• Carbon finance: IPPs relating to renewable technologies may theoretically be able to benefit from carbon finance. In practice, such financing has been of disappointingly little significance, since the only significant carbon trading market now is Europe – the US refused to ratify the Kyoto protocol and emerging economies like China, India and Mexico do not have emissions-cutting obligations under the treaty. The current phase of the Kyoto protocol ended in 2012 and its future is uncertain, which has contributed to a collapse in the price of carbon credits. However, renewables projects may benefit from other sources of “green” finance and find support from other emission reduction initiatives. This may mean, for example, that qualifying IPPs may be recognised as part of low carbon development plans and then potentially access climate funds to support the development of the project.
Despite these “enhancements”, Western project finance techniques are increasingly competing with Chinese financing options. Chinese investment in Africa has risen by, on average, 30 per cent per annum for the last 10 years and is continuing to rise. China’s Africa policy is long term and secures the long-term supply of a significant percentage of China’s resources needs (oil, iron, copper, etc) from Africa. What makes Chinese financing solutions particularly effective is that the viability of a project is not measured solely on the basis of that project’s ability to repay the loan (based on its contractual structure), but also the ability of Chinese industry to supply labour and technology, to develop relationships that will assist future Chinese businesses, and to give China access to markets. The total benefit of a project to “China Inc” can thus be aggregated. In addition, default risk may be mitigated through influence at government-to-government level.
In some cases, repayment of loans is made not in cash but in commodities. For example, in the past decade, China Exim Bank has lent Angola several billion dollars, and further loans are being negotiated. A large proportion of this is used to finance infrastructure projects built by Chinese contractors. Repayment is made in oil rather than in cash. In addition, these loans are on attractive terms, including grace periods and grant elements. In a similar vein, China Exim Bank has granted a commercial loan and a concessional loan to the Ghanaian government for the Bui Hydro-Electric Project, and repayment of the loans will in effect be made in cocoa.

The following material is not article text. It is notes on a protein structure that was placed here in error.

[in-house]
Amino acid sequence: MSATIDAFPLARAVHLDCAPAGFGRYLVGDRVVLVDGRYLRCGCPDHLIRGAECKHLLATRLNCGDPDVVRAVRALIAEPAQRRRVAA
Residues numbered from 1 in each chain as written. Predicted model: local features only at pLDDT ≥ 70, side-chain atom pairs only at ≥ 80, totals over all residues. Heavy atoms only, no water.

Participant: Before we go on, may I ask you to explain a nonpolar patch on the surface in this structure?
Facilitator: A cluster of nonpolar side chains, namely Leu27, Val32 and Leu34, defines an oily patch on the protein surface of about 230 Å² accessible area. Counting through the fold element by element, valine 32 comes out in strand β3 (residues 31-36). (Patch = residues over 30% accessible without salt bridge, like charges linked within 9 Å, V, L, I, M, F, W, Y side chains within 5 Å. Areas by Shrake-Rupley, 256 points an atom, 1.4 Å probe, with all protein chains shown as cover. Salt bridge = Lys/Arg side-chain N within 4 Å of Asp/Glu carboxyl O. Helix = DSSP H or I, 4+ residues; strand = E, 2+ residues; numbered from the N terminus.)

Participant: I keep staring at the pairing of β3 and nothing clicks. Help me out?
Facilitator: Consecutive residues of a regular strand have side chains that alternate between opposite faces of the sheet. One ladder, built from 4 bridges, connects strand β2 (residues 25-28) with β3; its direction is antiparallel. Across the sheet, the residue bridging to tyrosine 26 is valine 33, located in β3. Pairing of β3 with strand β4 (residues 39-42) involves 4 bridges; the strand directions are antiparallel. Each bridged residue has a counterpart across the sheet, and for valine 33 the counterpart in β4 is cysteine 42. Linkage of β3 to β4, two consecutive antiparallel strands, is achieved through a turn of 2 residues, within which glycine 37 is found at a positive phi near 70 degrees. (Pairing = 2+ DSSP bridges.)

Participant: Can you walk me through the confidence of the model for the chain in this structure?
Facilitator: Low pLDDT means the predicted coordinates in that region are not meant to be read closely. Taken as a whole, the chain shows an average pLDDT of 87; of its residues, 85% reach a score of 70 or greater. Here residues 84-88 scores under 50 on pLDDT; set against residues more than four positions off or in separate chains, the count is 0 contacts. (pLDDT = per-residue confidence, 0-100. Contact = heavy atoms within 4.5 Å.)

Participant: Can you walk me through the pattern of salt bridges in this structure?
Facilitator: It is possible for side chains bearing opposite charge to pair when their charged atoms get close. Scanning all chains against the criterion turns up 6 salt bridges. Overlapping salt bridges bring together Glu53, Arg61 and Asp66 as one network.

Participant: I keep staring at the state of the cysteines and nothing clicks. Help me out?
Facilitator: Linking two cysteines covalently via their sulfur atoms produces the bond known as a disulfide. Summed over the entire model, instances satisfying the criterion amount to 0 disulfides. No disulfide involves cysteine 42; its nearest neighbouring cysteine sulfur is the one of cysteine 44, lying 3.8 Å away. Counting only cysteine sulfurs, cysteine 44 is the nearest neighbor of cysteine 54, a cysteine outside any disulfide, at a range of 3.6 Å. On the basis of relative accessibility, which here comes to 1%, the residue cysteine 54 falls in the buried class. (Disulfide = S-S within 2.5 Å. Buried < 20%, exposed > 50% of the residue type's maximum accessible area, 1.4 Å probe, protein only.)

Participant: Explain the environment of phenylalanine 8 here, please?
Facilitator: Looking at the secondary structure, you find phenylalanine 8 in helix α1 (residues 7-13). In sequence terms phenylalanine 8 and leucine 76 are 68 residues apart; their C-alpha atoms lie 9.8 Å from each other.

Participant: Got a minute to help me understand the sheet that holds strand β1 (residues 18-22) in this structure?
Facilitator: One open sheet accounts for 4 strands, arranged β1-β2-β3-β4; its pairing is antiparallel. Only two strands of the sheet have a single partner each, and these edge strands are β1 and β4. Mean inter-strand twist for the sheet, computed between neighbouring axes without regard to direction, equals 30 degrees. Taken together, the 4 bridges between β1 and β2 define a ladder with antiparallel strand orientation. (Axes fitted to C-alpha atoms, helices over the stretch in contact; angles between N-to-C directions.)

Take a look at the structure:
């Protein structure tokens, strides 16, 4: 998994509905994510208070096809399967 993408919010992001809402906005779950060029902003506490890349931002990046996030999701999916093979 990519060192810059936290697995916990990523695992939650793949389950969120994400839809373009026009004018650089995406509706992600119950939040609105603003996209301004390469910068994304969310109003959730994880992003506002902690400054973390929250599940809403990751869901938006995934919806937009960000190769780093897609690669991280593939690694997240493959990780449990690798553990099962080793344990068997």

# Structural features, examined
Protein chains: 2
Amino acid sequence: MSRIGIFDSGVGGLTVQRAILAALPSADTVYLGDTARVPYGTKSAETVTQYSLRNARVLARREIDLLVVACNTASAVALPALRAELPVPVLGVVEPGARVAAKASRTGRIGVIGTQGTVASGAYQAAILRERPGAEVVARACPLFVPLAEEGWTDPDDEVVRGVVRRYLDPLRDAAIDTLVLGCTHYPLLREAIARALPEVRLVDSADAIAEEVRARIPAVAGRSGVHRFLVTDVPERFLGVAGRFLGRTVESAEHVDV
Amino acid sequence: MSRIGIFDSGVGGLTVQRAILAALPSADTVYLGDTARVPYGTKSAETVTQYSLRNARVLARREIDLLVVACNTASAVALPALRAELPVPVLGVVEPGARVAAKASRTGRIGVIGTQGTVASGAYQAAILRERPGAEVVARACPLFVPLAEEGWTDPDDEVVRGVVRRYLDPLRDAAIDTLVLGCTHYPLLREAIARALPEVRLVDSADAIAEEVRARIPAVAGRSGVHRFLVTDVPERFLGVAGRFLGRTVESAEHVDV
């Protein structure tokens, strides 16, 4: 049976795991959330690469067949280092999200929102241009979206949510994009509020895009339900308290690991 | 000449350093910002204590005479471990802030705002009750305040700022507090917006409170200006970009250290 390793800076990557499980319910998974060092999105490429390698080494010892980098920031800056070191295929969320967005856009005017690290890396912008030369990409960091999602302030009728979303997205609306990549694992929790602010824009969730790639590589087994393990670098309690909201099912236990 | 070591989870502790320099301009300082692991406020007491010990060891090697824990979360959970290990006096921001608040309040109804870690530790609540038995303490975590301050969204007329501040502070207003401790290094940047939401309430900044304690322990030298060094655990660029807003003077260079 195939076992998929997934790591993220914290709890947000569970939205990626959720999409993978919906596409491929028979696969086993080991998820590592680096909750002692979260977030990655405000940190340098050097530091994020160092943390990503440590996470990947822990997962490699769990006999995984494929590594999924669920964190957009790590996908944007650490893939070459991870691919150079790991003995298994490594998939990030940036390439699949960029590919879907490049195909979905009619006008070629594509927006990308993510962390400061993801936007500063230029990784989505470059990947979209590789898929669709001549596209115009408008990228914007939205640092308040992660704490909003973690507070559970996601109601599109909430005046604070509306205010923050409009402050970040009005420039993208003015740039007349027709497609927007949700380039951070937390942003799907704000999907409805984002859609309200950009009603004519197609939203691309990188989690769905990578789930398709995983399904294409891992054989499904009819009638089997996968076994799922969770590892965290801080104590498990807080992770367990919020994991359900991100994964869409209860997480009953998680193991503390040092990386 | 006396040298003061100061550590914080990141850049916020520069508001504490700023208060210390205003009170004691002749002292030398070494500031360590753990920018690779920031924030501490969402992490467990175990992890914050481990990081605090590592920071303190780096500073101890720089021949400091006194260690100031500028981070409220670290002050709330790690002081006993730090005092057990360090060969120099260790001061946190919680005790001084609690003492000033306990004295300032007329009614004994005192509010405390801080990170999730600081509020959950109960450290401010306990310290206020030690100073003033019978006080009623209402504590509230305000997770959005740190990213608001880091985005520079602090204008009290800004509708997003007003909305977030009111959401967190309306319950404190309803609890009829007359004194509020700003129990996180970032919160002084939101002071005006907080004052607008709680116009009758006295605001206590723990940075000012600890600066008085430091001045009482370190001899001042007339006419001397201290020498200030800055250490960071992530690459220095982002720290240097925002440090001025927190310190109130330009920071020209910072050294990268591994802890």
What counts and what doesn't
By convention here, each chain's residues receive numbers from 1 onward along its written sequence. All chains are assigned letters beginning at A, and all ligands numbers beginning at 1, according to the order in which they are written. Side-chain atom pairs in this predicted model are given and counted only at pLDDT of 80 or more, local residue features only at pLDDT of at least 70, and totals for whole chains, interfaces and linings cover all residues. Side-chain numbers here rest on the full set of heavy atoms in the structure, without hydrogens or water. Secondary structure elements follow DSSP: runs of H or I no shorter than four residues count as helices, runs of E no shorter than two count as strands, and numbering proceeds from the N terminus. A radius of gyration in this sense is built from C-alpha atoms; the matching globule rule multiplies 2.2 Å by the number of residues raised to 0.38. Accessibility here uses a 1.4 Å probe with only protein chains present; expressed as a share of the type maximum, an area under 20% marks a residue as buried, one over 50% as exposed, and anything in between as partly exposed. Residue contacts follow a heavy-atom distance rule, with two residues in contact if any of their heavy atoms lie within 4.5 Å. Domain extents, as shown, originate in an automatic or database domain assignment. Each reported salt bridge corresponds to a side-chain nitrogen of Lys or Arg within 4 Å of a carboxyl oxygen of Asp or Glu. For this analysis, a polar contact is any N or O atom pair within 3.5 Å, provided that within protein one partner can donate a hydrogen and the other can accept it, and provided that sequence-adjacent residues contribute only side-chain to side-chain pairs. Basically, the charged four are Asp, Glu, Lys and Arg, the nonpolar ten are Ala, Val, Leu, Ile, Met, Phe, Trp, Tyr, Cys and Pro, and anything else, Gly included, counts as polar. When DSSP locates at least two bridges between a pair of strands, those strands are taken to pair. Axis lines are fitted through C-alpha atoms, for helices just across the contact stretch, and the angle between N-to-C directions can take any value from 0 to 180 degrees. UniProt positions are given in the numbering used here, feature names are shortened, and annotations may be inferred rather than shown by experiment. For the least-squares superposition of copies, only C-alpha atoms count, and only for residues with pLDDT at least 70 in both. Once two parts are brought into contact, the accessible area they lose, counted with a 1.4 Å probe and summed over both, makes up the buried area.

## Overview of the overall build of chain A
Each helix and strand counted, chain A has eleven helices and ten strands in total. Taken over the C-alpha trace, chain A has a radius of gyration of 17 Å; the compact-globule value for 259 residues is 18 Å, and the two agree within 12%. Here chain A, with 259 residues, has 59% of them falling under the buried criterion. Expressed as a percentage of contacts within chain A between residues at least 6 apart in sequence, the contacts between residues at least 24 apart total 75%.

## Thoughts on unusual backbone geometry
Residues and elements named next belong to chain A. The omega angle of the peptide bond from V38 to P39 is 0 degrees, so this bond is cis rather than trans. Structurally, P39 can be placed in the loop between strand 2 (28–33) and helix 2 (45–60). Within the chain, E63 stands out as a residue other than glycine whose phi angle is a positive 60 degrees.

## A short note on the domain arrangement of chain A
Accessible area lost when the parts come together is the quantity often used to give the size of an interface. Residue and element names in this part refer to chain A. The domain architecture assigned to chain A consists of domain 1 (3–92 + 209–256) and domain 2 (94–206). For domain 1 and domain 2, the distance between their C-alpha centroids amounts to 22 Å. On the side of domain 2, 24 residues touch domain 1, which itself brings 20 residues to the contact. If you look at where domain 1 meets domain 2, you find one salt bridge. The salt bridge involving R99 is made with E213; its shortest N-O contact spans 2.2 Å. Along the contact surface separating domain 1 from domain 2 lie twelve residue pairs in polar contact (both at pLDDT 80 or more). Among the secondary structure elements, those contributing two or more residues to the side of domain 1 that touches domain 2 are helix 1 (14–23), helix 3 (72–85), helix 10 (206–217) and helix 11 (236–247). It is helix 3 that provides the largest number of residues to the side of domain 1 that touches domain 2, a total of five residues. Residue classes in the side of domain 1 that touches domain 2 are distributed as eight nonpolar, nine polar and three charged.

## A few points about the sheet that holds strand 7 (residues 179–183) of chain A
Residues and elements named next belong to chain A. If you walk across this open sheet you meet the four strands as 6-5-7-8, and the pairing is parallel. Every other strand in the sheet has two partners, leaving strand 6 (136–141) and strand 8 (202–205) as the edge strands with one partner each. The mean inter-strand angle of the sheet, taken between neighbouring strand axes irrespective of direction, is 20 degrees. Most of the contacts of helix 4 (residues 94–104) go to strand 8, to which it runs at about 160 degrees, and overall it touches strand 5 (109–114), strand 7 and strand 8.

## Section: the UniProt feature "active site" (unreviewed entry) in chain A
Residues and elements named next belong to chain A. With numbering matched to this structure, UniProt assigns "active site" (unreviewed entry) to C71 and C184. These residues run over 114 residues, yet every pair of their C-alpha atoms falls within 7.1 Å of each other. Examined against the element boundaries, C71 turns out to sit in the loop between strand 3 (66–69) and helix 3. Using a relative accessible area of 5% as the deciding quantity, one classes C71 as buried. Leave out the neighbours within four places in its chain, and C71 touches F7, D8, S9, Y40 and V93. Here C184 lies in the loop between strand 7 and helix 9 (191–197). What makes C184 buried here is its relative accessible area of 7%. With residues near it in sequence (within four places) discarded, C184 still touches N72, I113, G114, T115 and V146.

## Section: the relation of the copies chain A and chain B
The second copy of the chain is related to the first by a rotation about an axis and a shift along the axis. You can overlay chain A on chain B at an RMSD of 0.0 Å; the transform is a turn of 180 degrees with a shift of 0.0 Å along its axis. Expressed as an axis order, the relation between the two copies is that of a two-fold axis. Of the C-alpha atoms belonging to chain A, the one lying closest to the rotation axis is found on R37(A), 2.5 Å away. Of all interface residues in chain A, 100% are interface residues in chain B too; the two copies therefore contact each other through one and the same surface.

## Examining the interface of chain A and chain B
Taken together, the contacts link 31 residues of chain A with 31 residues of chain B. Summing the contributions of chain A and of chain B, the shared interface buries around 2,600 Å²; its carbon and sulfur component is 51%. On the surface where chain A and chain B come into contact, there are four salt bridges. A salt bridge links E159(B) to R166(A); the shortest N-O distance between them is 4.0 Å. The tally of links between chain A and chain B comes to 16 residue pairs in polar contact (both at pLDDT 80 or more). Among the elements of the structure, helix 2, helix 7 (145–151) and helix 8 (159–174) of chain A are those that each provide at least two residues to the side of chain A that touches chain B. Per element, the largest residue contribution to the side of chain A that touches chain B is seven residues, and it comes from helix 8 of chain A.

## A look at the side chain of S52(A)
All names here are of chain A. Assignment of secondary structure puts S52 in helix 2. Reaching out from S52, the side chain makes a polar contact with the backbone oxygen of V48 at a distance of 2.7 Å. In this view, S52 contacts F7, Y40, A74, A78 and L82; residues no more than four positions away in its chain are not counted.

What are the future trends for the financing of African IPPs? Two dominant themes arise. First, conditions in Africa are consistently improving for IPPs and, as project-financed IPPs develop a track record, and governments and investors learn from experiences, the prospects for IPPs improve. At the same time, governments’ commitments to creating frameworks for IPPs are increasing. This is in part a function of the African growth story in which urbanisation and growing consumer bases (and therefore revenue bases) are improving. Western countries’ funding and associated export credit agency support remain significant – and will continue to be. At the same time, new Western sources of capital are emerging and there are funds and financiers who are willing to take high risks and hold assets on a long-term basis. Secondly, there are new emerging financiers, such as China and India, who can support projects with a different profile, supported by a long-term investment strategy at government level that allows these financiers to offset and balance different risks. This combination means that African IPPs are expected to be on a growth trajectory.